According to Smith, 1320 is the first in a series of books, each addressing another facet of the hot rod hobby (according to the proposed title, the next book, The Long Black Line, ostensibly explores land speed racing). It’s a literary tradition pioneered by youth author Henry Gregor Felsen, who used popular themes as a literary device to draw in and subsequently direct kids. But I know enough about Smith to understand that he sees us all—himself included—as kids at heart. At the very least 1320 will take you back to a time when we were all just a little more kid-like.
1320: Maybe Not What You Think
LeRoi “Tex” Smith
Tex Smith Books
How to Build Period Correct Hot Rods: Select the Correct Components for a Faithful Vintage Hot Rod
Sometimes moving forward requires taking a big step back. It certainly felt that way in the late ’90s: the high-buck build prevailed, making it ever harder for average enthusiasts to make a car stand out from the crowd. So rather than fight many switched, and the backlash inspired probably one of the strongest movements of recent history: nostalgia.
It was only a matter of time that someone wrote a proper book that explains just why certain parts matter or how to use them in a way that looks convincing. Of course it took at least a decade for someone to do so but long-time editorial contributor Gerry Burger filled that yawning void with the aptly titled How to Build Period Correct Hot Rods: Select the Correct Components for a Faithful Vintage Hot Rod.
To be fair Burger’s book isn’t the first retrospective-themed how-to title. Mike Bishop and Vern Tardel’s How to Build a Traditional Ford Hot Rod owns that distinction. But Burger’s book is decidedly different, specifically in its breadth. Whereas Bishop and Tardel reveal piece by piece the way to build a Flathead-powered Model A roadster to reflect late-’40s/early-’50s practice, Burger explains the philosophy behind building just about any car to reflect just about any era.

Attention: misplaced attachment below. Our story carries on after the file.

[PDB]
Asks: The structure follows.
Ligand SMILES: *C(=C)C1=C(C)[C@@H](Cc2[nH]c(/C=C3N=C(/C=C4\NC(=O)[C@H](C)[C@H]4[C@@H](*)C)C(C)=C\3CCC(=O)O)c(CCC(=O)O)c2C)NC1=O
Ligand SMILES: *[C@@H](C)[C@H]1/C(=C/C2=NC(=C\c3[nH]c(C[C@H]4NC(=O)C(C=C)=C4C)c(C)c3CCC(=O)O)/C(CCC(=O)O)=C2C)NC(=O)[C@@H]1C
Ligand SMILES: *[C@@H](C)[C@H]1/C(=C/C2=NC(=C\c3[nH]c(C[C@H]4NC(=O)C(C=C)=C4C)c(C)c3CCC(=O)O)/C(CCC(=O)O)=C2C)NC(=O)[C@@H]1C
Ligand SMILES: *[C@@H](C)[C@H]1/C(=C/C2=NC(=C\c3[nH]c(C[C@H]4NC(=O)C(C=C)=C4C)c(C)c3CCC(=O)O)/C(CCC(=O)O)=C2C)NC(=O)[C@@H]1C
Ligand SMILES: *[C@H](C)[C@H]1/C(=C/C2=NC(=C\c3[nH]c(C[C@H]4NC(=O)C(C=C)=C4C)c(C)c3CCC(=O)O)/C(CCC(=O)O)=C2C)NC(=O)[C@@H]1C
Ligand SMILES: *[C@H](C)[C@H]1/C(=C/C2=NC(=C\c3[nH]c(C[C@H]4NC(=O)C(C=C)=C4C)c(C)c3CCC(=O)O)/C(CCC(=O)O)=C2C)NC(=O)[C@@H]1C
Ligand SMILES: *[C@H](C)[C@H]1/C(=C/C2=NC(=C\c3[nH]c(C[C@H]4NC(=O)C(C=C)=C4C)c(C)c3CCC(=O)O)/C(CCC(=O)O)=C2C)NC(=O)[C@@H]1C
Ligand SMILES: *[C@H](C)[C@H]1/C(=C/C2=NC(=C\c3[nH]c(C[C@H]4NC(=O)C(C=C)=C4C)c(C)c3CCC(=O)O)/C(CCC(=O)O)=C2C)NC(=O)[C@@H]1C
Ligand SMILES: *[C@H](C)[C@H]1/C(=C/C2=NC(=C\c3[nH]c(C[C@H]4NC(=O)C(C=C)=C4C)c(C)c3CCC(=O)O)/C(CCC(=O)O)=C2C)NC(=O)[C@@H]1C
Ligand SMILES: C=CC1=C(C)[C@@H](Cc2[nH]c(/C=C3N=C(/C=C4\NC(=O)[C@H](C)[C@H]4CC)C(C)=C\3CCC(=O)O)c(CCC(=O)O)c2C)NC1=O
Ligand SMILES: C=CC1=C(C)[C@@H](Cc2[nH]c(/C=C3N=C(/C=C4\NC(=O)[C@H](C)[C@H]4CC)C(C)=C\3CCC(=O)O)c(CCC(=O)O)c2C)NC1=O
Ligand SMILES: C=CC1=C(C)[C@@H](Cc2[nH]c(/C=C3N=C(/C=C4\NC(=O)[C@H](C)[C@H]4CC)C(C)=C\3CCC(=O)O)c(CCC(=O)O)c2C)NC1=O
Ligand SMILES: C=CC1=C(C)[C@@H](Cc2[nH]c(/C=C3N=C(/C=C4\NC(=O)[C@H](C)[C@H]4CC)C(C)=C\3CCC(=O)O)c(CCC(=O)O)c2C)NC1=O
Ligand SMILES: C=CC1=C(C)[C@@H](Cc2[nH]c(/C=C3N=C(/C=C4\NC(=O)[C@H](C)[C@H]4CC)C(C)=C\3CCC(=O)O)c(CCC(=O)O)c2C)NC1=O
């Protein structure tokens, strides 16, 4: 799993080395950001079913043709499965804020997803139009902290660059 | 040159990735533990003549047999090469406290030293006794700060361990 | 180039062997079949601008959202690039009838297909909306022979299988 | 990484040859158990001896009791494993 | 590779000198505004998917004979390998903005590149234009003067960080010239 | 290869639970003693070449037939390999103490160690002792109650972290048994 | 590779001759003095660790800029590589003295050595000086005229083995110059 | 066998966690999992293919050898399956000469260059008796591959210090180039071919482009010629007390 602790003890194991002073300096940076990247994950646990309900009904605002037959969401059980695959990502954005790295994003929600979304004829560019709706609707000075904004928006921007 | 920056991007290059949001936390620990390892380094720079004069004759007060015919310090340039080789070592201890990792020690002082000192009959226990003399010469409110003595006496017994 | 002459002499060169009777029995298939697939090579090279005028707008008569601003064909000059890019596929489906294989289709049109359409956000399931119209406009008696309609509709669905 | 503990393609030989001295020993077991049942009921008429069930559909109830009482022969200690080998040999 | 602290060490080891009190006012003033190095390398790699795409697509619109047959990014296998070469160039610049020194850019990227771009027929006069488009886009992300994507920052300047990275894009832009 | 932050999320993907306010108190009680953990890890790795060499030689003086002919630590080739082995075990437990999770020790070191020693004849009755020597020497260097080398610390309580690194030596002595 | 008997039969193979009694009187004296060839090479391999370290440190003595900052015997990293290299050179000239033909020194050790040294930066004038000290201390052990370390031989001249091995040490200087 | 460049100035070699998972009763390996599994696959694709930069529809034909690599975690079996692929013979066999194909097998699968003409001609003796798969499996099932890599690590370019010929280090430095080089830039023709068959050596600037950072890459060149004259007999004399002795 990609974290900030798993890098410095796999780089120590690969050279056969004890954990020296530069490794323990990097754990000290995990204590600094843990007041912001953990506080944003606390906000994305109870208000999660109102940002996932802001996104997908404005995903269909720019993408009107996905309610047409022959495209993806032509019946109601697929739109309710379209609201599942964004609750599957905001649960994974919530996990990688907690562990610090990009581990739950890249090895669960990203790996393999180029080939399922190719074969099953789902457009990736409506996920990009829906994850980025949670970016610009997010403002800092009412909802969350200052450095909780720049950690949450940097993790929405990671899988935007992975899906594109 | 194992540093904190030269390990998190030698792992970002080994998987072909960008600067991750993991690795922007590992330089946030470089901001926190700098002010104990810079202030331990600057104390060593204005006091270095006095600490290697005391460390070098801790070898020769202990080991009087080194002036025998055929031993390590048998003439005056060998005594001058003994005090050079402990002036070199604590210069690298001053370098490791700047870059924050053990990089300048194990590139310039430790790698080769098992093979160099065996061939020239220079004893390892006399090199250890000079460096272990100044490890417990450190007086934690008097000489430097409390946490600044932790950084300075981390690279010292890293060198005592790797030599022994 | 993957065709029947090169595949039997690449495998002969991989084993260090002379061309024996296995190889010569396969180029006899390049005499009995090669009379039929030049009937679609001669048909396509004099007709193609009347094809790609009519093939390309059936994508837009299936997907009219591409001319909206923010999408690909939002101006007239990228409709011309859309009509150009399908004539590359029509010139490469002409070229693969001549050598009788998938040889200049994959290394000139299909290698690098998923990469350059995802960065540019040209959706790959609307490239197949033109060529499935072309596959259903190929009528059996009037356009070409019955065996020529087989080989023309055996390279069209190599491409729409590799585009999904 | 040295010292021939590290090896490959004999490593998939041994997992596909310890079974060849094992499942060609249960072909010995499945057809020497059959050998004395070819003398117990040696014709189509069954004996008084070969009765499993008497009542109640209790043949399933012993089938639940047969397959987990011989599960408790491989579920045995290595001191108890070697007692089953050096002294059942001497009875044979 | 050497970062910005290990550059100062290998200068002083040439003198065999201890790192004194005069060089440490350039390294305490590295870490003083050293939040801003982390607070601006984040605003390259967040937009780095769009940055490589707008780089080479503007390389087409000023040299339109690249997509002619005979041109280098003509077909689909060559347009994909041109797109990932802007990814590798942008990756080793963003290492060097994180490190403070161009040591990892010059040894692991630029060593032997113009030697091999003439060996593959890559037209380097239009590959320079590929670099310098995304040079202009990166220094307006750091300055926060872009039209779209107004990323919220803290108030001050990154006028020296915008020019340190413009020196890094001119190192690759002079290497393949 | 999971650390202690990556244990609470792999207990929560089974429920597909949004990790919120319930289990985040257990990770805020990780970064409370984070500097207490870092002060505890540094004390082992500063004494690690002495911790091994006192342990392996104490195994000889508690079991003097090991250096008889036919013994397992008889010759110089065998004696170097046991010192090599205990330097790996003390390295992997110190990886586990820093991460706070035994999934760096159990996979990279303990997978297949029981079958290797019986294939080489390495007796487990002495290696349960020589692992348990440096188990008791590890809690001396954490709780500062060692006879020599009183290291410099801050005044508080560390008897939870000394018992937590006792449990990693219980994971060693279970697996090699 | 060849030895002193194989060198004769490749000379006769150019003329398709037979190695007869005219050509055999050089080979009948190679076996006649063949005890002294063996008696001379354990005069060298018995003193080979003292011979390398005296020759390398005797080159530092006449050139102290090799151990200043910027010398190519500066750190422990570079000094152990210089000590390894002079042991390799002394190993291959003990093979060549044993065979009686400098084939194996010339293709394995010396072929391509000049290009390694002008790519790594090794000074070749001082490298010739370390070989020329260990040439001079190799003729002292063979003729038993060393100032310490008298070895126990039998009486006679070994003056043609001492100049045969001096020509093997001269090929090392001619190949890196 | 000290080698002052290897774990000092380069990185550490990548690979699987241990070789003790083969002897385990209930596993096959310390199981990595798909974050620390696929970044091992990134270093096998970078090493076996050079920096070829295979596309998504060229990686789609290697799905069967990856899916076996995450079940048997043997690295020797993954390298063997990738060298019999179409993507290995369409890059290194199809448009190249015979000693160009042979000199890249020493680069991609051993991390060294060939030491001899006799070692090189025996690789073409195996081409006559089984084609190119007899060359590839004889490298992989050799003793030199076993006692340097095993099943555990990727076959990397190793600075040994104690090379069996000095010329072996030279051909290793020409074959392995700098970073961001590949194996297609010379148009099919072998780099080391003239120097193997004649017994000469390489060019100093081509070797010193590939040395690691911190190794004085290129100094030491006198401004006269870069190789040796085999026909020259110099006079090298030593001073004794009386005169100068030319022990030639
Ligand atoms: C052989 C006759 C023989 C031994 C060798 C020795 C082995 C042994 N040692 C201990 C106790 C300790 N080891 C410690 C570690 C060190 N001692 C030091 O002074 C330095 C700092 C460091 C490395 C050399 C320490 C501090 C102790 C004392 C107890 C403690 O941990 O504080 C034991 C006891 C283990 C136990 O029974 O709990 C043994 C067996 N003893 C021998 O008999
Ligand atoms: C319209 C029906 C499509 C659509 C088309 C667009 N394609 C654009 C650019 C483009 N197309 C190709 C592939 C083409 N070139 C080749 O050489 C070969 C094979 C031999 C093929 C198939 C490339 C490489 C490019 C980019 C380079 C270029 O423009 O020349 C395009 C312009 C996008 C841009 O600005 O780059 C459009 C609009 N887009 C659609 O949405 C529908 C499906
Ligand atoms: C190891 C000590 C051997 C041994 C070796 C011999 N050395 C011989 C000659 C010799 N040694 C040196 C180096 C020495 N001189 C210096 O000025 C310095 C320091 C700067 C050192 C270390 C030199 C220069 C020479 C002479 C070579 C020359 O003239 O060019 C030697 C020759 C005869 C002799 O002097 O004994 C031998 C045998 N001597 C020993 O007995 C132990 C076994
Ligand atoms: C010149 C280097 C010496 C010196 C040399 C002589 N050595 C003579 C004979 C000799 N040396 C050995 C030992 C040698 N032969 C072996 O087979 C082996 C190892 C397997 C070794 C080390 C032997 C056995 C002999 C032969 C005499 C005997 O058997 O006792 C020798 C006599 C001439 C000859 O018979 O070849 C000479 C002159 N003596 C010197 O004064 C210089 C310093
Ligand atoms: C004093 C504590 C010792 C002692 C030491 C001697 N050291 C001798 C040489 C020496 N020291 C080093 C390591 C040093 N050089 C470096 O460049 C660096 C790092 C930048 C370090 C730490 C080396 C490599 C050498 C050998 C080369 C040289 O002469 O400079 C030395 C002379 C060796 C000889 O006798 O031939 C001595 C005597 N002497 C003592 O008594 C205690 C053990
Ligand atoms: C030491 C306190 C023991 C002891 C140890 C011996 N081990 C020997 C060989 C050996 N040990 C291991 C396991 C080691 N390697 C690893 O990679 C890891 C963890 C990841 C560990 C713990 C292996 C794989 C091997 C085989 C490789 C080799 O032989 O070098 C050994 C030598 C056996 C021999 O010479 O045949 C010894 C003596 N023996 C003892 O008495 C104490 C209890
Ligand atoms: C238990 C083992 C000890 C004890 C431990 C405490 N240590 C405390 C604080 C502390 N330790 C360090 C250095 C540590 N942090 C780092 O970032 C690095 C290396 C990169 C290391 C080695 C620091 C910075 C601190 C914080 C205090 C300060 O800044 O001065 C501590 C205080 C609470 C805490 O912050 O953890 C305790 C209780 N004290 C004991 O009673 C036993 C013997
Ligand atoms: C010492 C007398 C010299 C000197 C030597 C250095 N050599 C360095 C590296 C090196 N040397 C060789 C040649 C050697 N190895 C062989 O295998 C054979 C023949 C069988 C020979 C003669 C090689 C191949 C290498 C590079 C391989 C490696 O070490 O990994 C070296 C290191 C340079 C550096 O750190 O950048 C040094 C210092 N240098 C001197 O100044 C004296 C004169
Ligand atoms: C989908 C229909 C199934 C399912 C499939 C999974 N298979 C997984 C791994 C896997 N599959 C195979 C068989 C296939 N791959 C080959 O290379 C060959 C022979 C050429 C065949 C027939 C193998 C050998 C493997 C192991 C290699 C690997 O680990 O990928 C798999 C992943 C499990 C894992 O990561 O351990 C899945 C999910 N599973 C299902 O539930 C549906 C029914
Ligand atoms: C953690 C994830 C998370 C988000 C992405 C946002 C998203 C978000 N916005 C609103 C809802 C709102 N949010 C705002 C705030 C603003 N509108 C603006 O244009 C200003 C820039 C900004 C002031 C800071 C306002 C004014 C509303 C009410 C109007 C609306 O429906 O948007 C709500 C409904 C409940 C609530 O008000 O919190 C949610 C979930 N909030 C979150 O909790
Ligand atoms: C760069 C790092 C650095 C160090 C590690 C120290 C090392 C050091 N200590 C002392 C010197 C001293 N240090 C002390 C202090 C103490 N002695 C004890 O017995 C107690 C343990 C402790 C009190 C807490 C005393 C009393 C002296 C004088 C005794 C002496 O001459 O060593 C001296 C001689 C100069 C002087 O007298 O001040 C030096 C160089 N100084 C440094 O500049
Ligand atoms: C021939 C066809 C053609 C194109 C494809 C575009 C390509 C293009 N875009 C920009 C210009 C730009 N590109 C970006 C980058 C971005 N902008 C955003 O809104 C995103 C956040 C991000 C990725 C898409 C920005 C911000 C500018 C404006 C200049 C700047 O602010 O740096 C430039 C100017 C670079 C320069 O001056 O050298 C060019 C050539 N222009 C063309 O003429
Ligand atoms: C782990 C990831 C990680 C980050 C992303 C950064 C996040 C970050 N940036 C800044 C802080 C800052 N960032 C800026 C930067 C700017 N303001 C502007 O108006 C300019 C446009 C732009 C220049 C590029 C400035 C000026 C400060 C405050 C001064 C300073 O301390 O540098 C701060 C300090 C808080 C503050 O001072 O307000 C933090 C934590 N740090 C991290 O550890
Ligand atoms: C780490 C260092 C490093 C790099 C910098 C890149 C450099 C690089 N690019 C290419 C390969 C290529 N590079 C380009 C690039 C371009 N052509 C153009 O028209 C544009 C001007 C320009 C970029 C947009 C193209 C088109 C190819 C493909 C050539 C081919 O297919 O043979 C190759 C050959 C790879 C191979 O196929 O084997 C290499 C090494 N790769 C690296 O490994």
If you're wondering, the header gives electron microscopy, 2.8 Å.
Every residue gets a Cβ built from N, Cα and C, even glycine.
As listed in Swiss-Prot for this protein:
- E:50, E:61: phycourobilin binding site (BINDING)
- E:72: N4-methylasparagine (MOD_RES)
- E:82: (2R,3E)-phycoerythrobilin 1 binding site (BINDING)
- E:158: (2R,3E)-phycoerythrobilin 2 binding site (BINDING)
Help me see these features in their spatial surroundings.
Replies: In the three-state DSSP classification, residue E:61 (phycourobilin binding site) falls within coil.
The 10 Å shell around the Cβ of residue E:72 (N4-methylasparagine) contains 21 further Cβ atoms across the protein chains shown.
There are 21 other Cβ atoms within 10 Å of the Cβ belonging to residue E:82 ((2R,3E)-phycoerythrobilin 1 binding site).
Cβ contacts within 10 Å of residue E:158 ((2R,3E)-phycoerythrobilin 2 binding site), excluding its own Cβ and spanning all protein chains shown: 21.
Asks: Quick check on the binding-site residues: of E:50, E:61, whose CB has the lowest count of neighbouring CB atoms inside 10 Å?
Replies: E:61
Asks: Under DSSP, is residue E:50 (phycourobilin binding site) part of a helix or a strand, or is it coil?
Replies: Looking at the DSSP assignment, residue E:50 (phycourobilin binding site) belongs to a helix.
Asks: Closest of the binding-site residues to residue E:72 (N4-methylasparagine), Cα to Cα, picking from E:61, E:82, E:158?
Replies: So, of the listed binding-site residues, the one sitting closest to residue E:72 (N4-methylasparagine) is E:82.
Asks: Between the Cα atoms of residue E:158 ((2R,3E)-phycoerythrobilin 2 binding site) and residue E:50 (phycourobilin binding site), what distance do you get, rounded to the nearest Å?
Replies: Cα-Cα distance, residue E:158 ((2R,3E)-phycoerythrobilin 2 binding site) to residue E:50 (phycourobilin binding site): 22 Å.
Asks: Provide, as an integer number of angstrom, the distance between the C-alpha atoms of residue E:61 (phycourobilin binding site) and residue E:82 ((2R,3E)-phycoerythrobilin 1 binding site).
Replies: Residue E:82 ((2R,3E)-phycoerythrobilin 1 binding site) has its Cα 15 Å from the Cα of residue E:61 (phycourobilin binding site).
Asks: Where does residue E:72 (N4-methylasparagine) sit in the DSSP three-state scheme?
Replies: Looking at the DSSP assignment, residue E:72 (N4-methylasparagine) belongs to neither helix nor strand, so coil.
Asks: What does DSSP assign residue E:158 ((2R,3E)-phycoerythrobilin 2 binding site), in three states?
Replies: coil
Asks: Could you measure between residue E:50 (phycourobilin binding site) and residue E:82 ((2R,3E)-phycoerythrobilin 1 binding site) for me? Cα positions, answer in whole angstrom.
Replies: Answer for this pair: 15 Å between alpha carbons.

In a nutshell Burger broaches the idea that an inspiring car isn’t so much a pile of old parts but a group of parts—not always old in some cases—matched to capture the look and feel of a particular era. He conditions readers to think about how a car’s parts help it fit into a particular space in time. He also reveals a few proven ways to combine old parts, not all of which have been done to death.
Burger dedicates six of the book’s nine chapters to general subjects like power, rolling stock, chassis, interior, body, and paint. He divides each one of those chapters into multiple subsets. For example, he reveals the history of a dozen popular engines and in doing so sort of establishes the reason why one would make a particular selection. He treats each component similarly, defining its place and significance in hot rod culture, and no stone goes unturned. In the paint chapter, for example, he makes the observation that paint composition and pigmentation may not seamlessly merge with an intended era.
What emerges is a sort of template of logical choices—or more specifically, a sort of sieve that filters out bad combinations like flake-painted, Flathead-powered, ’50s cars with fender skirts and whitewall tires mounted on Ansen Sprints (our apologies if we just described your car). Burger urges builders to not only pay attention to the details but how to match them to achieve a certain objective. The type of patience (it’s tedious to build a car to adequately reflect any style) and restraint (it’s equally easy to overdo anything) Burger emphasizes is reason enough to consider this book.
At first I was inclined to say that most seasoned enthusiasts and professional builders are beyond the scope of this book. But I’ve seen what often passes as traditional or period correct and in light of that I wholeheartedly recommend it, especially to those who’ve convinced themselves that they know it all.
How to Build Period Correct Hot Rods; Select the Correct Components for a Faithful Vintage Hot Rod